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Sunday, July 24, 2011


Samantha and I came to a stark realisation recently.  We enjoy 'barbecue'.  Perhaps at this point, a little translation is required.  In England, we 'barbeque'.  This means that we put meat, and other items on a grid, with a small fire underneath.  In the USA this is usually referred to as 'grilling'.  Of course, in England, we put food 'under the grill'.  When I first suggested I put something 'under the grill', Dana was rather confused.  He had visions of me going outside and putting the food under the 'barbecue'.  Barbecue in Texas is the finished item, e.g. the meat.  Sometimes it is smoked, and sometimes just 'grilled'.  Either way, the 'finished item', is very tasty.  

A couple of weeks ago, Kyle, one of our guys at work, brought in some barbecue, and had very kindly catered for everyone.  He told us to help ourselves, and we did!  I took a piece of brisket, and Samantha asked for me to pass her a piece, which I did.  She then asked for another piece.  I was amazed.  Samantha eating barbecue!  She then announced that when she had been face painting the previous weekend, (at a large 'picnic', hosted by a local celebrity electronic game producer) she had partaken of the food that was provided.  She almost whispered when she told me, 'we had barbecue', and in an even quieter voice, admitted, 'and I liked it!'  A few days later she called to say that Edward was working on somethin, and they would not be home for dinner.  She was going to get some 'take out'.  'Guess what we are having', she asked me, and after several incorrect guesses, she laughed, and said; 'Barbecue'.  She then said it was almost like being disloyal to our roots.  We were swapping things like Roast Beef and Yorkshire Pudding for Barbecue and Beans!
There are many 'barbecue' restaurants around.  One of our preferred haunts is a place called 'Coopers.  There are two 'Coopers' in a fairly long, but reasonable driving distance, but I have only frequented one, which was originally recommended to us, by a guest house host, in Luckenbach; the small Texas town made famous by, among others, Willie Nelson.

I was reminded of my first time to Coopers.  Some time ago, Dana and I had decided to go 'out of town', and spent the weekend in the most amazing old farm house with all the farm buildings having been converted into little chalets.  We booked at the last minute, not realising that this was a very popular site.  Of course, when we arrived, I was not particularly impressed.  We were put in the 'old smoke house'.  It was very remote, and the chalet looked like a scene from an old horror movie, with corn dolls hanging from the walls, and strange objects in among the ornaments.  However, it was spotless, and despite the fridge and coffee making facilities being in the bathroom (I suppose for water access), it was really rather 'darling'.  After my initial shock, I decided to enjoy the difference.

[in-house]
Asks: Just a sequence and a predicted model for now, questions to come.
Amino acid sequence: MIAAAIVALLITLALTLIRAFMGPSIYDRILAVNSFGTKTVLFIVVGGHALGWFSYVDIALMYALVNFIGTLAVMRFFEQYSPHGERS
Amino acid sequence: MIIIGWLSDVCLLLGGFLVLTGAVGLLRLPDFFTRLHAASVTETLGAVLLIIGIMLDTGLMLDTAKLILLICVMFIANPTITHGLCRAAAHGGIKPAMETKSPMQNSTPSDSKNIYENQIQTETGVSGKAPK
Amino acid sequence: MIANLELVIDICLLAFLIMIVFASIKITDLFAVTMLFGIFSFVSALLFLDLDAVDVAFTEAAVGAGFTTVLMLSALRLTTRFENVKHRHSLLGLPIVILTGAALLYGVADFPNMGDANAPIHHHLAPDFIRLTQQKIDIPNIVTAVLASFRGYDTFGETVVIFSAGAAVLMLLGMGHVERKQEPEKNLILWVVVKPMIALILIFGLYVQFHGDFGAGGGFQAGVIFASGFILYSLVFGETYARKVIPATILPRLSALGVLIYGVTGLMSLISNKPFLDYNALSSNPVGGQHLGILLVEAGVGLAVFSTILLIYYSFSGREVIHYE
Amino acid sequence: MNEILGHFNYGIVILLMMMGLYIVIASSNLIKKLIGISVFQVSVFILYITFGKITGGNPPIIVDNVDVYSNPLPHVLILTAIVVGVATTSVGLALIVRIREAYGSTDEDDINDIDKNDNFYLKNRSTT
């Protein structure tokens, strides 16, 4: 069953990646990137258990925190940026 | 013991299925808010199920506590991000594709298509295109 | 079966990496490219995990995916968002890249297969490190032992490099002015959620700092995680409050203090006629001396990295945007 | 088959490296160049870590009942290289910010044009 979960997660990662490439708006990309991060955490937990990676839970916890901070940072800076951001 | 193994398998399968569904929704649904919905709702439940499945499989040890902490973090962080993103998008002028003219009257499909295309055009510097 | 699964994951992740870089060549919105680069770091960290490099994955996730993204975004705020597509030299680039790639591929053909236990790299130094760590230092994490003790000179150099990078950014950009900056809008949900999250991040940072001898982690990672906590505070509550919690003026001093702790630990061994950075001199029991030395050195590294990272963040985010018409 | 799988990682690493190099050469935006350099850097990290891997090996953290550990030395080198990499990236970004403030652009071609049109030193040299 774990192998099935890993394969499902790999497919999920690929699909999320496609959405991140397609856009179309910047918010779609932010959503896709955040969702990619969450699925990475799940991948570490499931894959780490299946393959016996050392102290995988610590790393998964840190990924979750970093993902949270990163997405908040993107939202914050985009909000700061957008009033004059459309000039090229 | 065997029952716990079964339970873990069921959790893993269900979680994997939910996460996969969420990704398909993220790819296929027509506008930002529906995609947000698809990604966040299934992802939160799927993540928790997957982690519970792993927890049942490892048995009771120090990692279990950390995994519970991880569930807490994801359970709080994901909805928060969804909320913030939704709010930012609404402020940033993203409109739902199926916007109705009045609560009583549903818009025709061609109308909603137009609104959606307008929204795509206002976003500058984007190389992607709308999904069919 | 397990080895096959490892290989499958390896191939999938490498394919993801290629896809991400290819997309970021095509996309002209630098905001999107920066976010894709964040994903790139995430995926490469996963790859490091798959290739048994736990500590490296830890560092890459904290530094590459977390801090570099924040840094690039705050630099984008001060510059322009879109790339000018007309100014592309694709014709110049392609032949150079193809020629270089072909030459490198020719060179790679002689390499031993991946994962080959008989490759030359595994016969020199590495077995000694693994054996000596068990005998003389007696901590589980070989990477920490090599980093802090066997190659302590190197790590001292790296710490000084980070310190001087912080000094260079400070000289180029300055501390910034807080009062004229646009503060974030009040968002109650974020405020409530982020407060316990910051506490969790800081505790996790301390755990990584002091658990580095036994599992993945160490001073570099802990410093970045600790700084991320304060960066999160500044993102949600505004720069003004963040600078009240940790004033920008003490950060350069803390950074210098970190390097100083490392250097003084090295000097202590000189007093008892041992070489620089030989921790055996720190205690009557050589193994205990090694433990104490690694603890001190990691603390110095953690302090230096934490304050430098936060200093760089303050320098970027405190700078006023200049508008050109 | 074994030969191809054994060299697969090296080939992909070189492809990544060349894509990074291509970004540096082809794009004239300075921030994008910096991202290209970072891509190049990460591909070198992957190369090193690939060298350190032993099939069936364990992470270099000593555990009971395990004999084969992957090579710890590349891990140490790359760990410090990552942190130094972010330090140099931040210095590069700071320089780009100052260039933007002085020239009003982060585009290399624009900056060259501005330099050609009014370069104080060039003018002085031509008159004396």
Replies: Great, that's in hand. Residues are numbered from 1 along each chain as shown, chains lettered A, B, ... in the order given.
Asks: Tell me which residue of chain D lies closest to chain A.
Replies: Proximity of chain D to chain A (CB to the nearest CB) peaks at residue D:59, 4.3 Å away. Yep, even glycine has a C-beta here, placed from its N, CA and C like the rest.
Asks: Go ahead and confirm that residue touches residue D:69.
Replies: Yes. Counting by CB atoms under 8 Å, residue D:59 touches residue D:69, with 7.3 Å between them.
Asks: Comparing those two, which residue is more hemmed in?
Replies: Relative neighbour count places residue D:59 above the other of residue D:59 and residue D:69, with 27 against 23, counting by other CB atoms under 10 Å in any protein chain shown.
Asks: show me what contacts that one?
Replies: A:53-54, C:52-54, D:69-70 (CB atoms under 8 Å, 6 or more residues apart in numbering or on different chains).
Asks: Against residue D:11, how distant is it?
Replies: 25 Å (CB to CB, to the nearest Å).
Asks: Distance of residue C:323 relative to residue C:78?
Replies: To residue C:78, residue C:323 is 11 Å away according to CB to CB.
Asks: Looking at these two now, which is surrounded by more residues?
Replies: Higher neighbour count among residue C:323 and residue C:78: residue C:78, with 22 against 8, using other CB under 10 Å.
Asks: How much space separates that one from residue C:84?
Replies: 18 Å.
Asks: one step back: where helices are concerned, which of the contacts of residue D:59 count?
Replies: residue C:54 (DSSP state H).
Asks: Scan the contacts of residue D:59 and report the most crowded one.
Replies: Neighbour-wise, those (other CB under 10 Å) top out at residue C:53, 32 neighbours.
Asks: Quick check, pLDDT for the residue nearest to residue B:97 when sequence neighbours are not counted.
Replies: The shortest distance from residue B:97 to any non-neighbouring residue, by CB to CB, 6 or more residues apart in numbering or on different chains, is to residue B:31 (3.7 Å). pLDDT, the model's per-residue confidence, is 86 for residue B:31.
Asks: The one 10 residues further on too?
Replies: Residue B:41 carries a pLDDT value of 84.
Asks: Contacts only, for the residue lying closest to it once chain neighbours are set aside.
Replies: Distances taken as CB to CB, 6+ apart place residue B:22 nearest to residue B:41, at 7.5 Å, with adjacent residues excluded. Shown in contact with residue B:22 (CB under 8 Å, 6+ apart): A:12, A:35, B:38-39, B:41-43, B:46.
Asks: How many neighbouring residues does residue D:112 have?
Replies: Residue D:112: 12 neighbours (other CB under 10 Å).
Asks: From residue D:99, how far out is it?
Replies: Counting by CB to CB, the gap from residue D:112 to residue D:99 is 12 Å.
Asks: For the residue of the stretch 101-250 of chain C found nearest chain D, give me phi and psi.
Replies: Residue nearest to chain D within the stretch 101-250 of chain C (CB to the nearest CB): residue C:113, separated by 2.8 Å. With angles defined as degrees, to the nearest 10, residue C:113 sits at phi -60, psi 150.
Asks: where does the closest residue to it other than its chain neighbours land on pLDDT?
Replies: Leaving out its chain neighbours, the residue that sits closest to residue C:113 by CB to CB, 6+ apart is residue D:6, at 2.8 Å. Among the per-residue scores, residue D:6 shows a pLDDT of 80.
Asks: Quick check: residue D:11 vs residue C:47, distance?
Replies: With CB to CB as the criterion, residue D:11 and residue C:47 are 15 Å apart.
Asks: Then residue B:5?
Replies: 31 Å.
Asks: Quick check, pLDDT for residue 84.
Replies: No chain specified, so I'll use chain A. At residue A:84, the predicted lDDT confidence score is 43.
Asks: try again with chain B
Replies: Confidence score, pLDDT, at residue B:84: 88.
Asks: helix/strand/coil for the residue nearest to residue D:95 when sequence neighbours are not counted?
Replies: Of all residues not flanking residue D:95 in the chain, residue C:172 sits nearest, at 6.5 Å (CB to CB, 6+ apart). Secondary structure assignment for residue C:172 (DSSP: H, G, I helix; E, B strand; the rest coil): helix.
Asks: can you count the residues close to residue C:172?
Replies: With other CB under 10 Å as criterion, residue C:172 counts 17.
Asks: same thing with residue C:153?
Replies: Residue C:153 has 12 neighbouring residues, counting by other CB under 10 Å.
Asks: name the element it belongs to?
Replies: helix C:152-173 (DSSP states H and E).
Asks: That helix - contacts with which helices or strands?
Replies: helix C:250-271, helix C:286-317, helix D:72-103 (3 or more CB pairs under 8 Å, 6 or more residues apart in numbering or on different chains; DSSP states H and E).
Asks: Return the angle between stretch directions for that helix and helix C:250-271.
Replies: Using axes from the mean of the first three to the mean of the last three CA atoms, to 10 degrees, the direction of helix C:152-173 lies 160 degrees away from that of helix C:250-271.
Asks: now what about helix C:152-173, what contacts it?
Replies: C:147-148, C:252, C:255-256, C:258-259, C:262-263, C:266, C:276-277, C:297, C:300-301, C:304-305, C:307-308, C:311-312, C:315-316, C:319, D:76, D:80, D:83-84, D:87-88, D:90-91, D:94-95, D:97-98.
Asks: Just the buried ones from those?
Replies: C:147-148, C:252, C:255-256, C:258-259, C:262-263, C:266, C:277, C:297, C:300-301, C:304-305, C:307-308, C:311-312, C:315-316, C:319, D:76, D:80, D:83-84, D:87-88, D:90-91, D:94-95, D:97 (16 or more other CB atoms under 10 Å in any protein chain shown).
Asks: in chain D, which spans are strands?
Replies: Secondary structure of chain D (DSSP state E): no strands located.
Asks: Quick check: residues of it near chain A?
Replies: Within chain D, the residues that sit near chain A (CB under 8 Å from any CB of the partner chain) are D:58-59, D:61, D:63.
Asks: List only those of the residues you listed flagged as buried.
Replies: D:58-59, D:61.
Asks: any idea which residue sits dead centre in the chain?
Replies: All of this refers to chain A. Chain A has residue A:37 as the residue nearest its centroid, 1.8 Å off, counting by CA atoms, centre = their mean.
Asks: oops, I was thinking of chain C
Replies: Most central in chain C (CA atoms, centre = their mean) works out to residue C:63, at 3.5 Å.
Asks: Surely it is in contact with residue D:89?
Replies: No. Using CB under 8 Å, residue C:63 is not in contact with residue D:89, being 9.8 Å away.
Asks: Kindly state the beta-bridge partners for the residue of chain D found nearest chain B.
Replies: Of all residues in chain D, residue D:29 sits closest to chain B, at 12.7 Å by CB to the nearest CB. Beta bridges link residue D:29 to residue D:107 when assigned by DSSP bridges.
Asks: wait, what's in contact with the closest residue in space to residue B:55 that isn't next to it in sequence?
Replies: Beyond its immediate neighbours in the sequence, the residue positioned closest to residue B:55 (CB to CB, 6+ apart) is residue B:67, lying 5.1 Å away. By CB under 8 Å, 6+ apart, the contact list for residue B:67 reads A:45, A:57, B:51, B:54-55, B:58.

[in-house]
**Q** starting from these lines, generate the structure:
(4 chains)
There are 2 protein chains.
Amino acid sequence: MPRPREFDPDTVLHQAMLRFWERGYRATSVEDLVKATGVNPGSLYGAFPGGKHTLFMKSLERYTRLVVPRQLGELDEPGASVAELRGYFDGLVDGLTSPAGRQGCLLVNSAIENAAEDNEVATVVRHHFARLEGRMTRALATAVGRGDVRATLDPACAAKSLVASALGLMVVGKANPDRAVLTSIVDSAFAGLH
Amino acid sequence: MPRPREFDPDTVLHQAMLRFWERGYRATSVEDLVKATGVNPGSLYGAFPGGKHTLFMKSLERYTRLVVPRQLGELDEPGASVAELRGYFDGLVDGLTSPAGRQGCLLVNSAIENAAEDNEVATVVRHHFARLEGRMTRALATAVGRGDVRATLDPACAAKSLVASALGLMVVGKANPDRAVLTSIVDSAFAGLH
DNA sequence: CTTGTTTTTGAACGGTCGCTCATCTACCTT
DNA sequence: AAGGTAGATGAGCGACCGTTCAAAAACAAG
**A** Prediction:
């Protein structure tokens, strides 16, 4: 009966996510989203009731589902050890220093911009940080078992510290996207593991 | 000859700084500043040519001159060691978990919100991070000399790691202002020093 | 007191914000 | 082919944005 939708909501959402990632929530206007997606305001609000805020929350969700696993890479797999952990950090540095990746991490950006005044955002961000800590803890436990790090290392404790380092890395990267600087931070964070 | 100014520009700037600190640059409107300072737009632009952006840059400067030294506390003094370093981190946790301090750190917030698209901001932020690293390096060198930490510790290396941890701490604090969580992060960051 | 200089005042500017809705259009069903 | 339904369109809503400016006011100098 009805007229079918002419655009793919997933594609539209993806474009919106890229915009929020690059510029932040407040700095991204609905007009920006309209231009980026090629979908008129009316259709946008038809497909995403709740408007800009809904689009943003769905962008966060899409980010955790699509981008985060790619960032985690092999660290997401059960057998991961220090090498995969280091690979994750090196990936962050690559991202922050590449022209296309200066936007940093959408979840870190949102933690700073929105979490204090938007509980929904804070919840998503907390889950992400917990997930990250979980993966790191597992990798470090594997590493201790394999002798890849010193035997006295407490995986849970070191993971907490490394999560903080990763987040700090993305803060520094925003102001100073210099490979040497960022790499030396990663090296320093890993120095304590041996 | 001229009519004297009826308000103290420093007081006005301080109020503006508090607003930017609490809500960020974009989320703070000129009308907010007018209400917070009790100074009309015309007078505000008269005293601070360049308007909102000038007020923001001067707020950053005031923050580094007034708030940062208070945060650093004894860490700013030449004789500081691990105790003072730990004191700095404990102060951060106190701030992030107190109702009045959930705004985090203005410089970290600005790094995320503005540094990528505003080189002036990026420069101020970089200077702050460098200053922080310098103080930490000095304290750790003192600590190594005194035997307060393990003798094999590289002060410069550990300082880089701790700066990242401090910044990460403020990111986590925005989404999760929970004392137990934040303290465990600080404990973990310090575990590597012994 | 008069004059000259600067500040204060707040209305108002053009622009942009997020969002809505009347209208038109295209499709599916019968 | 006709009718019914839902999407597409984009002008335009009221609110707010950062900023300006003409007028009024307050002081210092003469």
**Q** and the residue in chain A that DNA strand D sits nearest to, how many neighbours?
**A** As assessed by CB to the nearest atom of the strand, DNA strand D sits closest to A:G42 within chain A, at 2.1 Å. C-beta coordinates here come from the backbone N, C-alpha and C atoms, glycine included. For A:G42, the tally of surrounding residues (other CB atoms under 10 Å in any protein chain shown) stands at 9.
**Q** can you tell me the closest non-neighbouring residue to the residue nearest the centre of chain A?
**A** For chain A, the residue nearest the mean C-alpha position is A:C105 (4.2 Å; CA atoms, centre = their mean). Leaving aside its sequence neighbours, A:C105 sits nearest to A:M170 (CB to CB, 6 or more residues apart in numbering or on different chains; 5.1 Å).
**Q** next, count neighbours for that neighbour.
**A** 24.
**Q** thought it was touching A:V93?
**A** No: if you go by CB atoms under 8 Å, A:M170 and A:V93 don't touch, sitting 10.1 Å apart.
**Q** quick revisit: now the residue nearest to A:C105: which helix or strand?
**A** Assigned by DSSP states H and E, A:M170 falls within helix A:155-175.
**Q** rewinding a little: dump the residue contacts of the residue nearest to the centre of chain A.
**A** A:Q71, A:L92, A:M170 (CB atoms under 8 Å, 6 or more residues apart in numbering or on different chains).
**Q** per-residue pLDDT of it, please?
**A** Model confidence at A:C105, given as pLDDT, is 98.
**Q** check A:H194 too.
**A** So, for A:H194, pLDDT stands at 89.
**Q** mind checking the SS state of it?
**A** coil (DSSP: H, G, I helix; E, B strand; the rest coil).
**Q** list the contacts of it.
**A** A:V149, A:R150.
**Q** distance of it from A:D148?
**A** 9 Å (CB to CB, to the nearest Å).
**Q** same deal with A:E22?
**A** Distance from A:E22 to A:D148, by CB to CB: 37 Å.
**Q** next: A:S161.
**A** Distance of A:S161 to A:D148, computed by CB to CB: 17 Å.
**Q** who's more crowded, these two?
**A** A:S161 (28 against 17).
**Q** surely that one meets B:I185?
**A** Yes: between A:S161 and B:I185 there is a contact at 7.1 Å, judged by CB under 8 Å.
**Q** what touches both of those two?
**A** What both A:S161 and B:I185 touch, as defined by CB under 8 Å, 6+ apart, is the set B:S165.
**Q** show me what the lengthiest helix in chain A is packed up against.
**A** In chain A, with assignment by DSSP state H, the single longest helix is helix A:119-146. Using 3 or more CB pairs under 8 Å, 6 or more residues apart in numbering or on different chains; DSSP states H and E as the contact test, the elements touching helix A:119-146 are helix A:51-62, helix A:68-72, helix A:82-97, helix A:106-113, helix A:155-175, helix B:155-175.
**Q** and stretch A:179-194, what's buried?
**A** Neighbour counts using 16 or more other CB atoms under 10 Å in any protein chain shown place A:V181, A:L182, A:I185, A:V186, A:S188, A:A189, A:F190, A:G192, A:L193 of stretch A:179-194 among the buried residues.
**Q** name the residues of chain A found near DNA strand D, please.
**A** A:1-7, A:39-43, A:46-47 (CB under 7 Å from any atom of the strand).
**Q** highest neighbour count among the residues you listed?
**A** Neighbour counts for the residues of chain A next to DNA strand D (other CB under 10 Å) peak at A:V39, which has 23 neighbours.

Breakfast was at 9am.  Not from 9am, not until 9am, but AT 9am.  The owner and his brother, who were in their 50's, were still suffering from acute sibling rivalry. The brother was married with at least two children that we could see, and had come to help do some electrical work.  The owner was not married, and very highly strung; and according to his brother, the higher the better!  He had been a captain on a privately owned (apparently rather small - according to his brother) cruise ship, and ran the guest house with all the precision of a naval admiral.  As I said, breakfast was at 9am.  All the guests gathered outside the main building at the first bell, around 8.30, and coffee and orange juice was placed on the porch.  It was nice to meet up with the other guests, and 'wow' at those fortunate enough to stay in the larger converted out-houses, which had Jacuzzis and hot tubs.  Most of the residents were returning for another visit. 
The nine o'clock bell indicated that breakfast was served, and we walked to the long table, in single file, and waited to be asked to 'sit'.  Breakfast was delicious.  Our host was a wonderful cook, and created some amazing potato pancakes, sausages, eggs and lots of toast.  Once seated, no one rose until they had finished every last bite.  The conversation was quite lively until the discourse in the kitchen.  It would appear that the visiting brother had began to clear the pots and pans.  This was certainly not his domain and before long, the dining room was silent, apart from a few laughter snorts, which were impossible to contain.  Tranquility was restored when the female relative parted the brothers, and took over the domestic duties, sending them, crimson faced, into the dining room to clear the tables.